There better be – but knowing the Government they will miss this crucial point – a precedent lease variation prescribed (mandatory) and with a maximum legal fee chargable by both landlord and tenant lawyers, or the tenants will still pay their £000s by lawyers charging to extend.


    1. ALOnline

      When an individual pays at multiple stages of a process and money is taken from one end, it’s often added to the other.

      The only perceived benefit for the individual is that costs are no longer “hidden” although they might be no better off.

  2. DJKitch

    I had to go through a Lease Extension and it is (so far) one of the worst experiences in my life as there is no structure or logic to it what so ever.

    In 2018 i started the process and instructed a Solicitor who was useless, i was told i needed to instruct a surveyor which i did and paid several hundred pounds for a privilege of being told we should offer £13,000 but the higher end could be £17,000 (so no exact figure.. just a lower and higher end). Im sure most can understand that generally most people dont have £10,000 just laying around the place and so i have to take 2 personal loans and a further advance on my mortgage to get the monies required.

    Then after the offer of £13,000 was given then responded with a counter offer of; £26,000 without Ground Rent, £19,000 with Ground Rent. I could have screamed, neither figure was anywhere near the figure the Surveyor had supplied infact one was double! This dragged on back and forth until 2019 when out of nowhere i got new offers of £19,000 without Ground Rent or £13,000 with Ground Rent and so i ended up paying £13,800 to go from 1st January 1985 + 99yrs to 1st January 1985 + 189yrs with Ground Rent of £250 per year.

    The amount i paid in hidden Solicitor fees, Surveyor fees and then the lump sum for the Lease Extension itself. Its an experience i NEVER want to repeat, my advice for anyone looking to buy Leasehold is DONT! Unfortunately it was all i could afford at the time if i wanted to own a home but with a Lease Term ticking down, do you really own it?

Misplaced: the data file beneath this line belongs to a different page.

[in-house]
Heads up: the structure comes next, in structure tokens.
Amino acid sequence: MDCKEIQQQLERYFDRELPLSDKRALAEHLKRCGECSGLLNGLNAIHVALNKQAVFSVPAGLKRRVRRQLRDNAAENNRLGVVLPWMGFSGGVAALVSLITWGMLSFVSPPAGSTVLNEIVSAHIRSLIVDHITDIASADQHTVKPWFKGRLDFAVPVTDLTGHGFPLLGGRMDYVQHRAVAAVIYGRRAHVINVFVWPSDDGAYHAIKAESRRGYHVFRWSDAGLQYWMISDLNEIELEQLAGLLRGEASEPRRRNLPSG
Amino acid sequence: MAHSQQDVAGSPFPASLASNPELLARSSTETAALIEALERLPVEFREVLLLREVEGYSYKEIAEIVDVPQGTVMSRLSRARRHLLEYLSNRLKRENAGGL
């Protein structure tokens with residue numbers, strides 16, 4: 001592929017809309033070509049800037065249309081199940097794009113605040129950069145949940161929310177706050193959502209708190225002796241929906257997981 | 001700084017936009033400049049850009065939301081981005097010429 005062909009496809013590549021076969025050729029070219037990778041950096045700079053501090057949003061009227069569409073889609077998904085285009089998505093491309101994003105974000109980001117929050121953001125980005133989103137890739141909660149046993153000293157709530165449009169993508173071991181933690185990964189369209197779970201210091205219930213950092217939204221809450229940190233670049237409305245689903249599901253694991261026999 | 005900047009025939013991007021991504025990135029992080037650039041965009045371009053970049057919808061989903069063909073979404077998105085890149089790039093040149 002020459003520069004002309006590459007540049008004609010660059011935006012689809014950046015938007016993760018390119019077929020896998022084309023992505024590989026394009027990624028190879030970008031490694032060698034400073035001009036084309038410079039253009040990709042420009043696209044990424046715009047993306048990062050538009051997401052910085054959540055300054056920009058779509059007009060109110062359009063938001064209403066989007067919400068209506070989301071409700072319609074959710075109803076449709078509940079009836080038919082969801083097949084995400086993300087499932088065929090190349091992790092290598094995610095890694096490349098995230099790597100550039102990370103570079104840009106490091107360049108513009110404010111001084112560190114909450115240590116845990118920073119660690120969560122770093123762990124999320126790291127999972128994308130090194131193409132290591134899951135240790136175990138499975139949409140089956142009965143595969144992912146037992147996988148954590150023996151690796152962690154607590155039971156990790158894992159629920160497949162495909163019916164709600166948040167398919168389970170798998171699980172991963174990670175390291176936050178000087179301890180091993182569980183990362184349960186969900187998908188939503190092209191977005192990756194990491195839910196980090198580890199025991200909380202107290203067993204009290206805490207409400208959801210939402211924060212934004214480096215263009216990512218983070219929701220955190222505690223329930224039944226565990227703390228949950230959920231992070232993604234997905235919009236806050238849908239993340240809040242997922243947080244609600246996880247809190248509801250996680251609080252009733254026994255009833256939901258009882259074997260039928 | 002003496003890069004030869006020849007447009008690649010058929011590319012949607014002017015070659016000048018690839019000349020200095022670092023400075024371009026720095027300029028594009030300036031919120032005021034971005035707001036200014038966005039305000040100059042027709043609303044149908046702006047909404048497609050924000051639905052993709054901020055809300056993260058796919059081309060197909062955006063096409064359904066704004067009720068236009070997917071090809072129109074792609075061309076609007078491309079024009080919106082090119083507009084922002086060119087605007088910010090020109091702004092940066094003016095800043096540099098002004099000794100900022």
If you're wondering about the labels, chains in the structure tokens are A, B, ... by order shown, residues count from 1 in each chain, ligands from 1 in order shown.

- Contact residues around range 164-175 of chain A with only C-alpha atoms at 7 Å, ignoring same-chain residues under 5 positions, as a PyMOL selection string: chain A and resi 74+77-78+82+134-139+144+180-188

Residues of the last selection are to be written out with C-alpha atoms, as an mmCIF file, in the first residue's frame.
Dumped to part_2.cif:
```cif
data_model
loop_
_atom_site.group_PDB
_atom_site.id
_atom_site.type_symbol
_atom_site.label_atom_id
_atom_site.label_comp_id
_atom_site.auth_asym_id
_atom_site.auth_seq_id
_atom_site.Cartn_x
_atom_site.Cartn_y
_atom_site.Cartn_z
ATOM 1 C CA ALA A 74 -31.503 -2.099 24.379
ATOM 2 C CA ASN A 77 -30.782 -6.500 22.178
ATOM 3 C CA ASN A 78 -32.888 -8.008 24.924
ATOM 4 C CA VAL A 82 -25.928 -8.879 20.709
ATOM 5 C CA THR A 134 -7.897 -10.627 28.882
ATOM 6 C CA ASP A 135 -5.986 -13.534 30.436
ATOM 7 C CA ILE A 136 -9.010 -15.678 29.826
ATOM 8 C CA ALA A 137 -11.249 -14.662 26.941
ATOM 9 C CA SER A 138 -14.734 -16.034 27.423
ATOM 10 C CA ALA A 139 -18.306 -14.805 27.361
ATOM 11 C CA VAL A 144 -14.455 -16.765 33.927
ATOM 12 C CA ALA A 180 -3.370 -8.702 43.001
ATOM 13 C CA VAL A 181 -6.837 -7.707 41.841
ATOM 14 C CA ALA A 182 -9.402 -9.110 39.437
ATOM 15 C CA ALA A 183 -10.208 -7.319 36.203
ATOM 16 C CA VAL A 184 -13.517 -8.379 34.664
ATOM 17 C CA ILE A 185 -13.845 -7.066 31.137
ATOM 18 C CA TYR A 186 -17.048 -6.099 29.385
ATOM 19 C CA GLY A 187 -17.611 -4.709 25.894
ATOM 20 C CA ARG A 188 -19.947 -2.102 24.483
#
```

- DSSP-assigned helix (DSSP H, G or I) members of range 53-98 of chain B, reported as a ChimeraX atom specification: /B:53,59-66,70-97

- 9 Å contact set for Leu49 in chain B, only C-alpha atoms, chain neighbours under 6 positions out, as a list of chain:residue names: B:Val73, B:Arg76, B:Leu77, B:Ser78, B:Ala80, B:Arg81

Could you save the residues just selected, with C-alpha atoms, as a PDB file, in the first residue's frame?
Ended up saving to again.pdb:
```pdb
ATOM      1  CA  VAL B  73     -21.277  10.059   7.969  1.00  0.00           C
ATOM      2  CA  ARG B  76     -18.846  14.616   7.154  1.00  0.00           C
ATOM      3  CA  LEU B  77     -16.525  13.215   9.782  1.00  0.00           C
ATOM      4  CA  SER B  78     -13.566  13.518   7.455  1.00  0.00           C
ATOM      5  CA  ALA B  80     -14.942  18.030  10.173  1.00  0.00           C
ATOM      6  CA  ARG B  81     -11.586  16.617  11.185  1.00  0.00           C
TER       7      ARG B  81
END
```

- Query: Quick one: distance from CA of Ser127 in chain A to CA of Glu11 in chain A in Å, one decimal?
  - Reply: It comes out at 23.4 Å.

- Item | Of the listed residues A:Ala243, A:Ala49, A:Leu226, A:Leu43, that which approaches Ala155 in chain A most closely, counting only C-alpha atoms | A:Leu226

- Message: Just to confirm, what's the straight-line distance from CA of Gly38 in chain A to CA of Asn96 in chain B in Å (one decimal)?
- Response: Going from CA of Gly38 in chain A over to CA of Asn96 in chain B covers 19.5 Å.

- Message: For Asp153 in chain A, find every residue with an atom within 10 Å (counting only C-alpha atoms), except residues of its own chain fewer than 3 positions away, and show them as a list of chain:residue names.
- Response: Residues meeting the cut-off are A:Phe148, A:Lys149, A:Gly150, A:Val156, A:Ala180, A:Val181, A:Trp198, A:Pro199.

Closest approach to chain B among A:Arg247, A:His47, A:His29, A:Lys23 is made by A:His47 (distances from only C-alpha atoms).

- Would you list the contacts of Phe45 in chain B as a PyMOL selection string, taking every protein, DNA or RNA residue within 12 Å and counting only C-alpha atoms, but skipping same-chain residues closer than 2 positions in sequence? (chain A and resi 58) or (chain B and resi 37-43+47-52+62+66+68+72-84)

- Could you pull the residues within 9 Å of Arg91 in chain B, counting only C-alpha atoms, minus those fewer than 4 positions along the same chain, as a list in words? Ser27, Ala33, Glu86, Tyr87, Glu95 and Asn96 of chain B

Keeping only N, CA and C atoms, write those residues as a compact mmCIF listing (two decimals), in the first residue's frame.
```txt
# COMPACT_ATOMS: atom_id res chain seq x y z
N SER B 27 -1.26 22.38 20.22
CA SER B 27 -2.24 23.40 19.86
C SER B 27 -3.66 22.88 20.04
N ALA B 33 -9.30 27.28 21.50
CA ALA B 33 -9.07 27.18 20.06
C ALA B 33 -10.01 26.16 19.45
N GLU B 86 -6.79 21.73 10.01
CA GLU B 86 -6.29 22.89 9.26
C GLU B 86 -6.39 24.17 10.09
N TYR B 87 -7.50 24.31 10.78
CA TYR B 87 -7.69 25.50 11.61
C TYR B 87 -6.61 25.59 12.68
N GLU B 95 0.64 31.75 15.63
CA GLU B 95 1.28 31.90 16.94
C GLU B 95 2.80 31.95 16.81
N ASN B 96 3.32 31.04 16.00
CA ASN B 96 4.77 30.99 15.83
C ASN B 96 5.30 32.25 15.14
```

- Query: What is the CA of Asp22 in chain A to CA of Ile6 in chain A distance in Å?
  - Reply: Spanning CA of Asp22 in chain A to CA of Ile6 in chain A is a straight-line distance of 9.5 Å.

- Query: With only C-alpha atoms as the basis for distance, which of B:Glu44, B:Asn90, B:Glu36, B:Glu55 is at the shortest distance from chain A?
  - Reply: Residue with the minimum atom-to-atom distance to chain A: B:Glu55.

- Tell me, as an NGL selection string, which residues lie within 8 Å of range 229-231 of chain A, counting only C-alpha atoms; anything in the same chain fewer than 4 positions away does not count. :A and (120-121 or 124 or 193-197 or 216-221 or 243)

1. PMT

      …why didn’t you go to the Tribunal?

      1. MarkJ

        Beat me to it…

        1. DJKitch

          I had no idea whether this was normal practice, the Solicitor.. Surveyor.. Freeholder all seemed to be acting as this was normal as terrible and terrifying as it was… my concern was that with everything going on i may need to sell quickly and i didnt want a low Lease Term to cause me problems in the future, i had no time on my hands to investigate especially as i needed this done.

    2. MarkJ

      Did your solicitor not tell you that you could have gone to the Leasehold Valuation Tribunal for them to independently set the price to be paid after inspecting the property and looking at all the facts?
      If you couldnt agree a price voluntarily with the freehold that would have been your preferred option. Sometimes freeholders cut the bull at that point knowing that the Tribunal may set the price at lower that what they are currently asking.
      But I agree many solicitors are not really up to the task of working in this more specialised area.
      In 2019 I met a couple who had less than 1 year left on a 99 year leasehold house that they had lived in for about 45 years already. They didnt realise that they had the right to buy the freehold  when they wished and were waiting for the freeholder to offer it to them at some point.  They had the money available all the time.
      With 1 year left on the lease Freeholder stuck the freehold in an auction and it sold for £100k. Prior to the auction they went to a solicitor for advice who wished them good luck in the auction. Absolutely shocking.
      Solicitor completely failed to mention to them that they could have still bought the freehold there and then thus short circuiting the auction of the freehold or at least drastically reducing the price …so they could have bought it themselves at auction if they wished.  

    3. PatrickW53

      When it comes to solicitors remember if you pay peanuts you get monkeys.

  3. PatrickW53